4/26/1852 St. Louis, MO



5. Henry H.

Sep 1851 At sea

7/1/1914 Lincoln Cty, MO

5/6/1878 Emily Smith in Concordia


6. (Catherine) Caroline

4/12/1854 Concordia, MO

12/27/1909 Concordia, MO

9/6/1871 William Brackman


7. (Carolina Maria) Sophia

5/26/1856 Concordia

12/15/1895 Concordia, MO

12/3/1872 William Oetting


8. Emma Menkhoff

4/25/1859 Concordia

8/2/1929 Concordia, MO

8/26/1876 Ernest Stumpenhaus



Notes: Emma is Margarethe's child by her second marriage to Henry Menkhoff. I believe Menkhoff was also from Spenge -- I found a Johan Heinrich Menkhof born 1818 in Spenge! Other Concordia, MO names found in the Spenge record books include: Borgstedt, Brockman, Brockhorst, Fischer, Menkhoff, Oberhaus, Oschlaeger, Oetting, Walkenhorst and Westerhaus.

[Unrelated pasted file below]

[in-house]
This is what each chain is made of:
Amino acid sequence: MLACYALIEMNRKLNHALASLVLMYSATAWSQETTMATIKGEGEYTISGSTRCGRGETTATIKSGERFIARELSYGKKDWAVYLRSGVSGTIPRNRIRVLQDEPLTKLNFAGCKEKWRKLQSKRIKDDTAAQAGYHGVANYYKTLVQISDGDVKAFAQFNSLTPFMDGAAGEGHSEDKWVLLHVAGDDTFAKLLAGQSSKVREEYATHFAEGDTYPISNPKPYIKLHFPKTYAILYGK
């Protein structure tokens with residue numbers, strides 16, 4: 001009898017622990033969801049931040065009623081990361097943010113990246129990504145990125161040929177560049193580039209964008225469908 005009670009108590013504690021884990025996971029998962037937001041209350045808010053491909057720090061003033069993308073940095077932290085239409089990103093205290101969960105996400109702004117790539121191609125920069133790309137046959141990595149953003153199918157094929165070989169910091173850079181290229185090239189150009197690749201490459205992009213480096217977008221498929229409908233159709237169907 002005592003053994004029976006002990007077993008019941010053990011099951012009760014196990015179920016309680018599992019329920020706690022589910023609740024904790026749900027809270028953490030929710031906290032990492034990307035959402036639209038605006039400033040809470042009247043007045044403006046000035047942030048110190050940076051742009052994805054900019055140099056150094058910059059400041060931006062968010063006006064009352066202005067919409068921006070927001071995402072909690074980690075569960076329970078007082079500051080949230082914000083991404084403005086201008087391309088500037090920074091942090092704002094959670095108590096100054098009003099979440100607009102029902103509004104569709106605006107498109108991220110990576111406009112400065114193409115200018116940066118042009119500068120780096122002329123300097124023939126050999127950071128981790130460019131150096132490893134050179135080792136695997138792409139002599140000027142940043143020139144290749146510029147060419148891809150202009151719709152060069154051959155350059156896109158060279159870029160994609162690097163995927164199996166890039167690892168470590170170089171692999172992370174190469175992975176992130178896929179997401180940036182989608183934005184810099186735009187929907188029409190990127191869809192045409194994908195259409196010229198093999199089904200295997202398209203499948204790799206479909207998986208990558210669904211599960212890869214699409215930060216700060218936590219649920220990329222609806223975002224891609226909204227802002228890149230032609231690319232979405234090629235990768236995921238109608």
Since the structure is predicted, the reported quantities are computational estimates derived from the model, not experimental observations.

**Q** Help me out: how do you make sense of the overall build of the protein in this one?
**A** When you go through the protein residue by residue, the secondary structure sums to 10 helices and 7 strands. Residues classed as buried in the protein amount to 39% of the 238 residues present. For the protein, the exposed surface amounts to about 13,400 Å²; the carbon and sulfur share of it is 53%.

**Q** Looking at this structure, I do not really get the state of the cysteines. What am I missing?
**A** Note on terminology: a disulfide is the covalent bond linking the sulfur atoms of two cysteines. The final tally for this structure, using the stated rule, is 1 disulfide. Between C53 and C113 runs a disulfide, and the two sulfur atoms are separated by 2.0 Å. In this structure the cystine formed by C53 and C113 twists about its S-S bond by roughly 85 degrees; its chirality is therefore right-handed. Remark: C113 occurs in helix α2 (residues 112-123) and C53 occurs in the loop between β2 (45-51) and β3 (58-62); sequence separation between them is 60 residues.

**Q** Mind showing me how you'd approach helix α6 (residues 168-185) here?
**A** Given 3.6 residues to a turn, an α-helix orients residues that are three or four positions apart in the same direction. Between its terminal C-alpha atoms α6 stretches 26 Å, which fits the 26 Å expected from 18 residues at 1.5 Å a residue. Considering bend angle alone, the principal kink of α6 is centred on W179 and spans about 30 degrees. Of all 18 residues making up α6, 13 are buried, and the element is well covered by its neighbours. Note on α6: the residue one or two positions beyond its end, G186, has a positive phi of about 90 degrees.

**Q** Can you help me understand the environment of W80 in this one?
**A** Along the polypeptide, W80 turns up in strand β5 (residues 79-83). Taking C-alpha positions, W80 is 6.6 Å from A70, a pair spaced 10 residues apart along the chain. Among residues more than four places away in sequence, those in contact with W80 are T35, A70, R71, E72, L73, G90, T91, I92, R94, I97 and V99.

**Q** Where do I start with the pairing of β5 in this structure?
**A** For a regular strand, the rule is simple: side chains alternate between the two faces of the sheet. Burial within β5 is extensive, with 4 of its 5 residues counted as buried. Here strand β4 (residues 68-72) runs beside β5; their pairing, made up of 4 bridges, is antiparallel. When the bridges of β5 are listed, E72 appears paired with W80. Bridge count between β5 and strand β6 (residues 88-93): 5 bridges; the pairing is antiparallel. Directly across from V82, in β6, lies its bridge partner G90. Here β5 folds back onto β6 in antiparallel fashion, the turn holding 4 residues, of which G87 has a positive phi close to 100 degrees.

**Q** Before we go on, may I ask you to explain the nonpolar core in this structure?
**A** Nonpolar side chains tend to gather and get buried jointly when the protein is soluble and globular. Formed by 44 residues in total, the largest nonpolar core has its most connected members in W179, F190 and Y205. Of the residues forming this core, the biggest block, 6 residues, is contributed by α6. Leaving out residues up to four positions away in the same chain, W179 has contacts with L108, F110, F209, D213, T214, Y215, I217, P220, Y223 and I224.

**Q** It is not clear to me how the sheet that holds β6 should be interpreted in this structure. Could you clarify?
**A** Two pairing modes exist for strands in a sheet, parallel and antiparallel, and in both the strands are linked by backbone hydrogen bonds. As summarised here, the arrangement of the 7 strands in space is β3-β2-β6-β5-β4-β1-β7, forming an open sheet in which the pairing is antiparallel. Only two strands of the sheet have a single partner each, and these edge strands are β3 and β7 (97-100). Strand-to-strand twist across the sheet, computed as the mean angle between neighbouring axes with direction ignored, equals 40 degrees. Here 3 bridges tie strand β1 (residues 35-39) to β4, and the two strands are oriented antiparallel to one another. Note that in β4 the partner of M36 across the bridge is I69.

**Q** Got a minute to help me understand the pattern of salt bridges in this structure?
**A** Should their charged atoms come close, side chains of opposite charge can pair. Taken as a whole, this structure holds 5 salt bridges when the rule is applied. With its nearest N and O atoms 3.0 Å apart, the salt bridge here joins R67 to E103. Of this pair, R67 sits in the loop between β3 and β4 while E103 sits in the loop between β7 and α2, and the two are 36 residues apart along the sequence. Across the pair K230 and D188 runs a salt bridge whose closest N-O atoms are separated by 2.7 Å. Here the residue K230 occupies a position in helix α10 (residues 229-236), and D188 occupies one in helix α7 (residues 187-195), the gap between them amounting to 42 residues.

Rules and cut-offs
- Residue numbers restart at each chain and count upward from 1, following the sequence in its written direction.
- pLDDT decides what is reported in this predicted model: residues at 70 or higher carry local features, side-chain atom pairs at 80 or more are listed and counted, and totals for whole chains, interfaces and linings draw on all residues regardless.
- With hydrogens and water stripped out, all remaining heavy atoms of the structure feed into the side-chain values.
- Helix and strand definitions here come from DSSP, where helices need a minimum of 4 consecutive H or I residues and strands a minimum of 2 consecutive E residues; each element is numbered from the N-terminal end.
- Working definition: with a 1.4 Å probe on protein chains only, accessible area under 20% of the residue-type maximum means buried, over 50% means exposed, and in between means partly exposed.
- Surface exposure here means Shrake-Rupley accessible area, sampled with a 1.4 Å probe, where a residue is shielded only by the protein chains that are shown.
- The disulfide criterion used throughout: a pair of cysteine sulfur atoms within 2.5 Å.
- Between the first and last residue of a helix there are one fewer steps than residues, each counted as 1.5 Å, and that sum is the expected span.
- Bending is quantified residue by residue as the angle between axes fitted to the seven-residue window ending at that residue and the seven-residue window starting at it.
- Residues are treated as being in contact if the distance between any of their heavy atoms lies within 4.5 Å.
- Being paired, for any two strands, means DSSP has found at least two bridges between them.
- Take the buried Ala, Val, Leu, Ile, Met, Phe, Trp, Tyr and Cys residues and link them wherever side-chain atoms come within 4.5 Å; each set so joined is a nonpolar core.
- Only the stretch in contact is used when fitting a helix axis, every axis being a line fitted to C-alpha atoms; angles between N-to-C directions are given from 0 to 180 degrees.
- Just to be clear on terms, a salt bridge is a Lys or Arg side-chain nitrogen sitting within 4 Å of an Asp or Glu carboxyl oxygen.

There may have been more children born in Germany (especially in 1843-1845), since I have only found the Spenge records so far; I don't believe other towns have been microfilmed -- certainly, those of Neuenkirchen (the yellow highlight on the map) have not. However any other children born in Germany would have died young as they did not emigrate.
On her 1860 marriage record and the 1870 census, daughter Anna Margaretha was called Catherine for some reason, although her Spenge birth record specifies "Anna Margarethe" and the ship list specifies "A.E." She is known to have died by 1873 when her mother died, as her mother says she is the mother of four daughters and one son. She had no children on her 1870 census, after 10 years of marriage; it is not certain if there were any born before her death as the 1880 census could not be found for Andrew Vegele/Vogel.